A few years ago, I began researching the rules and regulations of wooden bats used in Major League Baseball, MLB. With all the shattered baseball bats in recent years (blasting players and spectators), I began thinking about possible reasons for all the broken bats. The traditional species of wood used in baseball bats was Ash, a ring porous hardwood (similar to oak or hickory) specifically white Ash. I hypothesized that it was diffuse porous woods, such as Sugar Maple (acer saccharum) that was the main culprit.
And http://www.woodbat.org agrees, stating that- in the early 90's, bat manufacturers began using maple more often, likely because A. saccharum' physical properties are 5-10% > Ash.
MLB Official Rules:
(a) The bat shall be a smooth, round stick not more than 23/4 inches in diameter at the thickest part and not more than 42 inches in length. The bat shall be one piece of solid wood.
NOTE: No laminated or experimental bats shall be used in a professional game (either championship season or exhibition games) until the manufacturer has secured approval from the Rules Committee of his design and methods of manufacture.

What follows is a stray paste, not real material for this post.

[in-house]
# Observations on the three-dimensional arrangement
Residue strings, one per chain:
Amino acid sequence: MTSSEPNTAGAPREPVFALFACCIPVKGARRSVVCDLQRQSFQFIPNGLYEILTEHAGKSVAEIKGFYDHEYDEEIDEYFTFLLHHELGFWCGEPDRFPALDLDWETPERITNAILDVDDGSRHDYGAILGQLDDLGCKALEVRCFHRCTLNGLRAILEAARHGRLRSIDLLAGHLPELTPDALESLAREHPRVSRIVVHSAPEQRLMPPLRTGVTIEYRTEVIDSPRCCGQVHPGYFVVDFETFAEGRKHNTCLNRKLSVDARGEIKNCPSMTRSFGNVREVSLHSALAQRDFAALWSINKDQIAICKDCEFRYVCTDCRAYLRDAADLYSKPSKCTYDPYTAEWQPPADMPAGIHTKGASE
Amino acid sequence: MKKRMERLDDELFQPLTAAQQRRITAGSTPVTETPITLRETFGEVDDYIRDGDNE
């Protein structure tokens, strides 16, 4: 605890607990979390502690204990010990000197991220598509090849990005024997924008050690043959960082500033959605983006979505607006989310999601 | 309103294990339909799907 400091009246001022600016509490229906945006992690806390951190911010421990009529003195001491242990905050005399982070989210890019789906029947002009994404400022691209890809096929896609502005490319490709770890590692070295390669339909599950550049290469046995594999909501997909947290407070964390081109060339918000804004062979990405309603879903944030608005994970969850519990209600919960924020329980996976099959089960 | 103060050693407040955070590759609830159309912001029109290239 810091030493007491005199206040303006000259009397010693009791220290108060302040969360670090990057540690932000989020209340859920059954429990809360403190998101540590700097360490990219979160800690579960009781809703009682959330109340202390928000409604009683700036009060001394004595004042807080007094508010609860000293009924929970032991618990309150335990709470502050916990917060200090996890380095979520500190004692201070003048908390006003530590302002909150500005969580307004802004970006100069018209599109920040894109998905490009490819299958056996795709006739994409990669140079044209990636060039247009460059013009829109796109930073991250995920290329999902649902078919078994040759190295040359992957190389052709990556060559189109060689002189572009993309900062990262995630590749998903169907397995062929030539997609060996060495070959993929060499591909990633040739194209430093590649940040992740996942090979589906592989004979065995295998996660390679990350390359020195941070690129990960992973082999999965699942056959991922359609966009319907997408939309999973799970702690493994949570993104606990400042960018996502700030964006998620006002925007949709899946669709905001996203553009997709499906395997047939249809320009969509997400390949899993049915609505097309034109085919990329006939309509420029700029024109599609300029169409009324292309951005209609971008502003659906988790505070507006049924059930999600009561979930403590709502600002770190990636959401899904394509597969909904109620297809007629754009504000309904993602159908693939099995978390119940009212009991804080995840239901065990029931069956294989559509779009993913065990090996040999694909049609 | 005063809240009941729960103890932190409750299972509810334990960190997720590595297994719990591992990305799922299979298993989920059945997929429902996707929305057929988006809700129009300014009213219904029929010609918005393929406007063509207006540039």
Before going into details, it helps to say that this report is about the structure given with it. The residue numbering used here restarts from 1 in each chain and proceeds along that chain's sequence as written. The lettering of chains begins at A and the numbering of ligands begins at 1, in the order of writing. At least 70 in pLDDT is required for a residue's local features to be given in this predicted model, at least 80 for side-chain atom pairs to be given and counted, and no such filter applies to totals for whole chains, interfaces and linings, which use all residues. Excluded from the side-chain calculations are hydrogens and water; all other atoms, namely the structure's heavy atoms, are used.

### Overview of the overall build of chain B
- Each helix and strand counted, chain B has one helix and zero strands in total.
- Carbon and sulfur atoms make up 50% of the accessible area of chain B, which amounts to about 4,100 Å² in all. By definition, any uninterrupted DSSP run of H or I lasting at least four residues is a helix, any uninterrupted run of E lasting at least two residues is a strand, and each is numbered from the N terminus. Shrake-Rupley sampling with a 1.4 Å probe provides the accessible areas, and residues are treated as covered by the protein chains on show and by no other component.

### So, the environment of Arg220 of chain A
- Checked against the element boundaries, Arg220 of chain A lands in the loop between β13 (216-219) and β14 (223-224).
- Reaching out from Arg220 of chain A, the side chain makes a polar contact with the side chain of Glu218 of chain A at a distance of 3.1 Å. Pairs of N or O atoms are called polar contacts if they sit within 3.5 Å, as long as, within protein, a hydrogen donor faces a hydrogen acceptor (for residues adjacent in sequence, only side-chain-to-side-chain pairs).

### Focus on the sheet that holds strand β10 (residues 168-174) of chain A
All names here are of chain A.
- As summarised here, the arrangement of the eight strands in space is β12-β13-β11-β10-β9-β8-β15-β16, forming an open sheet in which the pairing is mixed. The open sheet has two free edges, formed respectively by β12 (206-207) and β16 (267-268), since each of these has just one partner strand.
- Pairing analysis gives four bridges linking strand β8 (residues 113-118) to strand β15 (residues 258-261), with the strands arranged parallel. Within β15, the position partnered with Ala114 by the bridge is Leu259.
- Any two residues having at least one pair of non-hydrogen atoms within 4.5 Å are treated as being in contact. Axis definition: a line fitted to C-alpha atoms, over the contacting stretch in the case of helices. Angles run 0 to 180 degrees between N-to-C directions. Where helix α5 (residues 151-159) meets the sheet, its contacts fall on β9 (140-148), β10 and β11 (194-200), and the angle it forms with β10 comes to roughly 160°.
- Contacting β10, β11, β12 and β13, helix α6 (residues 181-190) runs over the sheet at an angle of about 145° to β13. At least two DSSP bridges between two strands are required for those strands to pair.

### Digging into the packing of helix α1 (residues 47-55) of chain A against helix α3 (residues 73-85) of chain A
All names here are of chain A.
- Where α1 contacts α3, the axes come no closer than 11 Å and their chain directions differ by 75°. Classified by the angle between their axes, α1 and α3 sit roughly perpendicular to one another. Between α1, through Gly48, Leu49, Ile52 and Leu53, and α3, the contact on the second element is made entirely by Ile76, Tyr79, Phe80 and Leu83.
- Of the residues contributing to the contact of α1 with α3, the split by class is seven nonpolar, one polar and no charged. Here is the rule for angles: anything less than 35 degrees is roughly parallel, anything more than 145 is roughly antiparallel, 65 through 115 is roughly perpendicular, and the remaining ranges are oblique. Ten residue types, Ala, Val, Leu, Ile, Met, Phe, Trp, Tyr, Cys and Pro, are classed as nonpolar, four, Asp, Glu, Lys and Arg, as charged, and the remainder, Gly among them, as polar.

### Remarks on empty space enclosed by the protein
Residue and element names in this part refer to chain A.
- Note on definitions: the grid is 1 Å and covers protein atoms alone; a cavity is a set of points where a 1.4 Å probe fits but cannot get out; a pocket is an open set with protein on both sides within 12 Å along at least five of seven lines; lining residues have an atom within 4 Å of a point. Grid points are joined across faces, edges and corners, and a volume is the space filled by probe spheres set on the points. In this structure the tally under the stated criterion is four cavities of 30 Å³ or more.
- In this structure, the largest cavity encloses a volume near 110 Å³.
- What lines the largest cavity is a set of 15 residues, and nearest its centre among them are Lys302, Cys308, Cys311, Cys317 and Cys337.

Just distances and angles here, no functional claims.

(b) Cupped Bats. An indentation in the end of the bat up to one inch in depth is permitted and may be no wider than two inches and no less than one inch in diameter. The indentation must be curved with no foreign substance added.
(c) The bat handle, for not more than 18 inches from its end, may be covered or treated with any material or substance to improve the grip. Any such material or substance, which extends past the 18 inch limitation, shall cause the bat to be removed from the game.
NOTE: If the umpire discovers that the bat does not conform to (c) above until a time during or after which the bat has been used in play, it shall not be grounds for declaring the batter out, or ejected from the game.
(d) No colored bat may be used in a professional game unless approved by the Rules Committee.
What struck me when looking over the rules above /\ was what wasn't there- wood species. It's my feeling that not specifying wood species is important as size and weight regulations for Major League Baseball bats.
Here is a good article from NYTimes that I just found (from 2008) http://www.nytimes.com/2008/07/25/sports/baseball/25maple.html?_r=0.